Detection was carried out by means of real-time PCR (qPCR) in an Eppendorf realplex thermocycler using fluorescent probes. The amplification conditions were as follows: After a denaturation time of 10 min at 96°C, 45 cycles of 92°C 15 s 60°C 90 s were carried out and fluorescence was measured at the end of each cycle and at endpoint. All samples were determined in triplicate and genotypes were assigned both by means of gene identification software (RealPlex 2.0, Eppendorf), and by analysis of the reference cycle number for each fluorescence curve, calculated using the CalQPlex algorithm (Eppendorf).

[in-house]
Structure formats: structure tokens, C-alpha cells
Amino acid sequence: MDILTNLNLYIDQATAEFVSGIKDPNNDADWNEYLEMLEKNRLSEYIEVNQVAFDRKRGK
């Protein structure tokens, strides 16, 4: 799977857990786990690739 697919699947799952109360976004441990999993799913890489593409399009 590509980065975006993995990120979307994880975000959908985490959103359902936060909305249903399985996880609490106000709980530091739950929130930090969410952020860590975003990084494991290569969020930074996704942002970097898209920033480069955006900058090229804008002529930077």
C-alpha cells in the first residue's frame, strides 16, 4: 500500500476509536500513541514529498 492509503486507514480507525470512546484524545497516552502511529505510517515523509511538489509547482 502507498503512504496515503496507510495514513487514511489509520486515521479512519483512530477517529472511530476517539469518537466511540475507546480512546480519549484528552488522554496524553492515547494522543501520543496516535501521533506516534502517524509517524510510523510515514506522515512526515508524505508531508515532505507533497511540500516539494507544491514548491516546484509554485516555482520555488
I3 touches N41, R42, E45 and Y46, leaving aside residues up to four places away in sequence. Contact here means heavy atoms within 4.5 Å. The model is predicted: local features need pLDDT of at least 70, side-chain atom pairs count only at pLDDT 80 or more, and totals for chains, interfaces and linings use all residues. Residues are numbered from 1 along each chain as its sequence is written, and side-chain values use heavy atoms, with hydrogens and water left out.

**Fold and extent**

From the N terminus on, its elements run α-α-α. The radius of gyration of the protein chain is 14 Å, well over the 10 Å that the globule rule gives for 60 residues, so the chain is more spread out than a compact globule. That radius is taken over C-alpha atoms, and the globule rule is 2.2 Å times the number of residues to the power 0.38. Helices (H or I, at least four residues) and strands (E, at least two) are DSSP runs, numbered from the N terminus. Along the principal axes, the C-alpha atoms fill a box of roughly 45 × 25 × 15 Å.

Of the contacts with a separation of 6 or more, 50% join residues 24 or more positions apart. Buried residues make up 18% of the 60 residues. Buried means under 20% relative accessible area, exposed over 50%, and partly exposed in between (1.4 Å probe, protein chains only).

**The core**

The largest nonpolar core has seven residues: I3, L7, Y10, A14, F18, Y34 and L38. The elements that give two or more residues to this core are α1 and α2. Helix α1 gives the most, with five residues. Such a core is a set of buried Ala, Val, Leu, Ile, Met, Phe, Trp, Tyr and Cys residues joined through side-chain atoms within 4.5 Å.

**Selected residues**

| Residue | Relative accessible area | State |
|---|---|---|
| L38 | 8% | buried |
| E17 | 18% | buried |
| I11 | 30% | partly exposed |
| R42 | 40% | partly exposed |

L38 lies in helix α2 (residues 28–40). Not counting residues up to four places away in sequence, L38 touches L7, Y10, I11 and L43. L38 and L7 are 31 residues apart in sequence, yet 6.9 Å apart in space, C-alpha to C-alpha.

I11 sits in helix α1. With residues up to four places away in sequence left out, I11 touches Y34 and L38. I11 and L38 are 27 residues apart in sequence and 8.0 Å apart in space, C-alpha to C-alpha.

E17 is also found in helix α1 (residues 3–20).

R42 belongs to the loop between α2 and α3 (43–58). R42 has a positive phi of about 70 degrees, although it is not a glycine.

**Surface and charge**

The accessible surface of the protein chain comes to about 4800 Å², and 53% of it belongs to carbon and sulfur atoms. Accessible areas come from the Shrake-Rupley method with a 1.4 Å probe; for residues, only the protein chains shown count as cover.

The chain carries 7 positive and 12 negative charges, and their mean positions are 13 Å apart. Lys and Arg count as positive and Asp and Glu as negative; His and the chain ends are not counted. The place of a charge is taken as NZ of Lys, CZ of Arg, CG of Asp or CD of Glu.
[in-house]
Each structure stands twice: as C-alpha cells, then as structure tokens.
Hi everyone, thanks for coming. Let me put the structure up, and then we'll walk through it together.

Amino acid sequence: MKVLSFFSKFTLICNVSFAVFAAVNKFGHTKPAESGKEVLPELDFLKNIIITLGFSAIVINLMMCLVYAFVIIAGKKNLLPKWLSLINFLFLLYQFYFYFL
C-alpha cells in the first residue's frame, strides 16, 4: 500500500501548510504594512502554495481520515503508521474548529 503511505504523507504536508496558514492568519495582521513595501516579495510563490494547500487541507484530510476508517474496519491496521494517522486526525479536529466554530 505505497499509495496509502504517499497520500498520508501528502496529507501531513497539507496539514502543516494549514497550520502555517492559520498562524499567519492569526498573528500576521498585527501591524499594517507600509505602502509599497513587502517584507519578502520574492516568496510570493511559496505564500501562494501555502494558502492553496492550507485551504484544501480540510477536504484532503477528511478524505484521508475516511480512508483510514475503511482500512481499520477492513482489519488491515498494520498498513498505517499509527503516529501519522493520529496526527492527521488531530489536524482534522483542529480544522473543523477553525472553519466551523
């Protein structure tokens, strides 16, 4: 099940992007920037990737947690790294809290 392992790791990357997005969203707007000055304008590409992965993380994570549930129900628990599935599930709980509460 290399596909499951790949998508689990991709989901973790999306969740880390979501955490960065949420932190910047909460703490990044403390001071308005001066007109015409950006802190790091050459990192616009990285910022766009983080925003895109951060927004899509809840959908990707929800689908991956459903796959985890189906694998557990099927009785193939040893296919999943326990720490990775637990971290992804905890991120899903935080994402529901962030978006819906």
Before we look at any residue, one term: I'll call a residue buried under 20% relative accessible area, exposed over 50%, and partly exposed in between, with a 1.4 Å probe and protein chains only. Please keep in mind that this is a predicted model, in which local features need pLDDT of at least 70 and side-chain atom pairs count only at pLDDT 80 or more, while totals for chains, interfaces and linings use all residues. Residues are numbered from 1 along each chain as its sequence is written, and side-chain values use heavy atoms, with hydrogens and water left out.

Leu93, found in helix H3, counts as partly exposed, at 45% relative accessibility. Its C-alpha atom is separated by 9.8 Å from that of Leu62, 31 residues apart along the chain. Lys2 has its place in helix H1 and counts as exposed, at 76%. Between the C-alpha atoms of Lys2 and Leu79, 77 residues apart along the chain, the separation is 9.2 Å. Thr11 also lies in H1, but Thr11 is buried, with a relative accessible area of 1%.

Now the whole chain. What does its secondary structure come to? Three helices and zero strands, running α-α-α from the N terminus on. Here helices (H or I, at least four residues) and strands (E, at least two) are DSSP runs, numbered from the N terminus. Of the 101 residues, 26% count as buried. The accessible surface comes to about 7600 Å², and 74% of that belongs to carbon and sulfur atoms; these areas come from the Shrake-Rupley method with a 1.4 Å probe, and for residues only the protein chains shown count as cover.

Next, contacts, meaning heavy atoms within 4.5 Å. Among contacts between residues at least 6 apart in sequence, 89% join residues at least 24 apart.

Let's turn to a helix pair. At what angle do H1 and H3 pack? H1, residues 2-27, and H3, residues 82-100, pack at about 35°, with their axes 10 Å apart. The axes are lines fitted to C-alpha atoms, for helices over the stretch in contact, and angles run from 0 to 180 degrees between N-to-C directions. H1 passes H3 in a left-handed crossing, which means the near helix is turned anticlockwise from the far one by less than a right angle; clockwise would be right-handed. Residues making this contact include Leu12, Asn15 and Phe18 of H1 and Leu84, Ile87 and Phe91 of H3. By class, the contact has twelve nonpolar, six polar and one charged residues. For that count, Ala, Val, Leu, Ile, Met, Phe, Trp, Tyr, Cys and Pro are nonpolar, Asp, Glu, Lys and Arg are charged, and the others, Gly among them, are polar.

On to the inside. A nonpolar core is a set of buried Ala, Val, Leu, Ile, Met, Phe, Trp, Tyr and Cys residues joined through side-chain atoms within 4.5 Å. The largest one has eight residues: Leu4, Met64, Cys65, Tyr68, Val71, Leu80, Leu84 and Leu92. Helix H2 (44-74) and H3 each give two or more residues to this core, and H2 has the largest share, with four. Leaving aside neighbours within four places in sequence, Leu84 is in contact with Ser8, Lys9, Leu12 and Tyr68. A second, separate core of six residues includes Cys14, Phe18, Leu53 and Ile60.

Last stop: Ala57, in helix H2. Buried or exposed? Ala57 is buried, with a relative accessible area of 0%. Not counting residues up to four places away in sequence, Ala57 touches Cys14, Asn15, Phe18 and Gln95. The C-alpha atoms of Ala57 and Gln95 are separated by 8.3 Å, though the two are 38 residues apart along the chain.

Statistical power for each SNP was evaluated with a genetic model to analyze the frequency for the minor allele with an odds ratio (OR) value = 1.5 (α = 0.05) based on the allele frequencies observed in the control group. Table 4 shows the statistical power for each SNP analyzed. For most SNPs the statistical power was very high. In some cases, because of the low minor allele frequency observed, the statistical power was not sufficient to detect an OR = 1.5 but was sufficient to detect an OR = 2.0 with a bilateral power of more than 80% (Table 4), with the single exception of the HDC SNP rs2073440 T/G, whose power was sufficient to detect an OR = 2.1.